We’ve previously discussed how to identify top sales talent from the resume. Once you start interviewing the most promising candidates, you’ll need to deduce whether a candidate who looks great on paper is really a great fit for your organization. To successfully identify candidates who can blossom into top performers, we recommend systematic approach. Here are our top tips:
1. Use short phone call interviews to weed out candidates who don’t fit your needs.
Short phone interviews are an effective way to screen candidates early on in the process. At the beginning of the phone call, the interviewer should read the job description to the candidate. Then, ask the candidate about their salary expectations. If their expectations are vastly different from what you’re offering, you know the fit isn’t there.
During the phone call, interviewers should assess how well the candidate communicates on the phone. Sales representatives will be cold calling prospects and need strong phone skills. Pay attention to the candidate’s overall professionalism, including the formalities of the phone call. Did the candidate thank the interviewer for their time? If the interviewer tells the candidate they need to wait for more information, how did they react to the news?
The phone interview can also be a good opportunity to learn more about candidates’ past work experiences and relevant industry knowledge. But the most important question is this: Do we want this person representing our company to prospects on the phone?
2. Develop a system for evaluating candidates on critical traits.
A systematic approach to the hiring process goes beyond gut feel. Prior to beginning your in-person interviews, identify traits that tend to correlate to sales success within your organization. (To do this effectively, look at your top performers. What do they have in common?)
Create a rubric for evaluating each trait. During the interview, every member of the interviewing panel will assume responsibility for assessing the candidate on one or two traits. Try to match the evaluation process to interviewers’ own strengths and expertise. An interviewer with an engineering background can evaluate how well candidates can speak to technical issues.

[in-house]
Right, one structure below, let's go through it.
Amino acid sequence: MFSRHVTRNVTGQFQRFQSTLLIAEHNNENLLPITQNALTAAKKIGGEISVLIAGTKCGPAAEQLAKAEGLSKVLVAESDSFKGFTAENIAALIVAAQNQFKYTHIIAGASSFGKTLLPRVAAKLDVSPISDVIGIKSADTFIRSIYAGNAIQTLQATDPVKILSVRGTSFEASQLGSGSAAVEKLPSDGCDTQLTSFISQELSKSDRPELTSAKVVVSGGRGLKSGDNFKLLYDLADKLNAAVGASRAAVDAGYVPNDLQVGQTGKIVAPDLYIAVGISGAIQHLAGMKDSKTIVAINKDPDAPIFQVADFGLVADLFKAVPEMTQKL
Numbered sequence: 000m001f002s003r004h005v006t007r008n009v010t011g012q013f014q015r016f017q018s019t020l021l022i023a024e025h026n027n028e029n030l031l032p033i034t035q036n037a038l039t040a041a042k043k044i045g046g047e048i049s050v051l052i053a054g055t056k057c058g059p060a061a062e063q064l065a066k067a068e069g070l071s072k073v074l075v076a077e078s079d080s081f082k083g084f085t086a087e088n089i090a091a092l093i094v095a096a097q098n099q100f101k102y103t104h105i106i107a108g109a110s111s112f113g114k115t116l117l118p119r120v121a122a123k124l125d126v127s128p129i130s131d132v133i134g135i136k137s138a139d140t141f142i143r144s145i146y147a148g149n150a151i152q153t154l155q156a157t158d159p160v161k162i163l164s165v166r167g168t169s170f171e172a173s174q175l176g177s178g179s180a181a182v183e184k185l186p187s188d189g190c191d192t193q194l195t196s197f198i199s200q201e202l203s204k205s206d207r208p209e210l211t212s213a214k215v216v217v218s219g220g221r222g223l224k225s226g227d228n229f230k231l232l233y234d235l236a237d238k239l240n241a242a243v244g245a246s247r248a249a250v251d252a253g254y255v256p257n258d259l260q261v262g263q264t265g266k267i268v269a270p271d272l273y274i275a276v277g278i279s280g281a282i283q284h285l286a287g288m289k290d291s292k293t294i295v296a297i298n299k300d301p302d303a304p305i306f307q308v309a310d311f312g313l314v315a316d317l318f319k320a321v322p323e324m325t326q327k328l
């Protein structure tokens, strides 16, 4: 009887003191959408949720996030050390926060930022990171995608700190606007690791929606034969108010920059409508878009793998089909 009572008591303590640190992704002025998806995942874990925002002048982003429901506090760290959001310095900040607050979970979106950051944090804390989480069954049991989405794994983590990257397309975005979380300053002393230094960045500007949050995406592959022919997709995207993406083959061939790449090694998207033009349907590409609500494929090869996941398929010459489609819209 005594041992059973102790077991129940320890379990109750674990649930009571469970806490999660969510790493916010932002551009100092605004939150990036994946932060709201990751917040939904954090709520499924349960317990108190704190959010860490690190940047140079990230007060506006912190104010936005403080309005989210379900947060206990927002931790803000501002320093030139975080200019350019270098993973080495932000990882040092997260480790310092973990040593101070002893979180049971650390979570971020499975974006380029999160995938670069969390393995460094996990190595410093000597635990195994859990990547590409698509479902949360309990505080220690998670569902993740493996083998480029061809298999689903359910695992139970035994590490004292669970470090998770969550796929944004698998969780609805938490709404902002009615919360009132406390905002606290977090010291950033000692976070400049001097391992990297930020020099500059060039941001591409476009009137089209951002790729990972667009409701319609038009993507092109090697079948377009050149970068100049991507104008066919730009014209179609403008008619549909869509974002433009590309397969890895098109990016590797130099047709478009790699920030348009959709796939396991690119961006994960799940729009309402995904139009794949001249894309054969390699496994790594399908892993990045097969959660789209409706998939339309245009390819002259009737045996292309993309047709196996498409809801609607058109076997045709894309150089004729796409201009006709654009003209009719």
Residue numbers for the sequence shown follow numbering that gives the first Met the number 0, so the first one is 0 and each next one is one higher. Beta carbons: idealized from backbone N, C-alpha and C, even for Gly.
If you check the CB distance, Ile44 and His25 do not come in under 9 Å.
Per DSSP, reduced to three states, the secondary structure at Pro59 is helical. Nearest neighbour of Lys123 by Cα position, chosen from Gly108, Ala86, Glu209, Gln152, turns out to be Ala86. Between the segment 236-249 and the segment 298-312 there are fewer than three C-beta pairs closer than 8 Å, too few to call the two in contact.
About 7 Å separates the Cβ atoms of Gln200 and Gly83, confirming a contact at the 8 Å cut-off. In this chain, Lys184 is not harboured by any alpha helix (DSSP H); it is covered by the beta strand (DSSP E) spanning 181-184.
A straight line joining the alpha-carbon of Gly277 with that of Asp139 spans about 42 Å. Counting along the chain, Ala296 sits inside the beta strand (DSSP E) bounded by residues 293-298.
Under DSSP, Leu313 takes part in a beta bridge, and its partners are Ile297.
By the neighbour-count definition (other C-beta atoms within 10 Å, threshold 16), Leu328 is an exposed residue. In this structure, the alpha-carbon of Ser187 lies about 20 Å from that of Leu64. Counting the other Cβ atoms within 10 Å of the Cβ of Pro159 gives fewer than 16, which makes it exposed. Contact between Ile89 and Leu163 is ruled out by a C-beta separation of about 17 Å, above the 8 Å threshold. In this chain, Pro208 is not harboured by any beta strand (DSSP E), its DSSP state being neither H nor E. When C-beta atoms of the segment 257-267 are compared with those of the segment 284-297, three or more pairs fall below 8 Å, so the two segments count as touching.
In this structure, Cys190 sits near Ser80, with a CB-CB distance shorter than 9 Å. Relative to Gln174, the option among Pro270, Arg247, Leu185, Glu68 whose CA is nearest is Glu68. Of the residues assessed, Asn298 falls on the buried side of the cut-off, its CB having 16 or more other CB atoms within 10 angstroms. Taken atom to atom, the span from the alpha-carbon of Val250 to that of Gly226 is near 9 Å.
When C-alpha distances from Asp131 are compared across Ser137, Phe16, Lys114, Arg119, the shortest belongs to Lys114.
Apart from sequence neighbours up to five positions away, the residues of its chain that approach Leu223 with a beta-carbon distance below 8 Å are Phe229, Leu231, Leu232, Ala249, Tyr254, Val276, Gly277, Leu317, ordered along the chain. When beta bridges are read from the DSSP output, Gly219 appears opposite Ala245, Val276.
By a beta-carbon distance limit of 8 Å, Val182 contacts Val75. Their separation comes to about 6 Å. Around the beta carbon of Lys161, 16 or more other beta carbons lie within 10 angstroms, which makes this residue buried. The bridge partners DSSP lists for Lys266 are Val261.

These evaluations can be used to inform your decisions on which candidates to call back for additional interviews.
3. Ask creative questions that break the mold while also revealing important information about candidates.
Interview questions can be repetitive, allowing candidates to prepare canned responses and then deliver them on cue. Since the sales process is so unpredictable, it’s important to gauge how well sales job candidates can respond to unexpected questions. To break candidates out of their rehearsed responses, ask questions that are more offbeat. Their responses will tell you a lot about how well candidates can cope with situations that go off-script. Ideally, the question should also reveal something about the candidates’ personality and problem-solving abilities.
Some examples of “weird” questions:
- What’s your favorite movie and why?
- What superpower do you have that no one else has?
- If you were going to be trapped on a deserted island, what three objects would you want to have with you?
- If you won the lottery tomorrow, what would you do first?
- What would the name of your debut album be?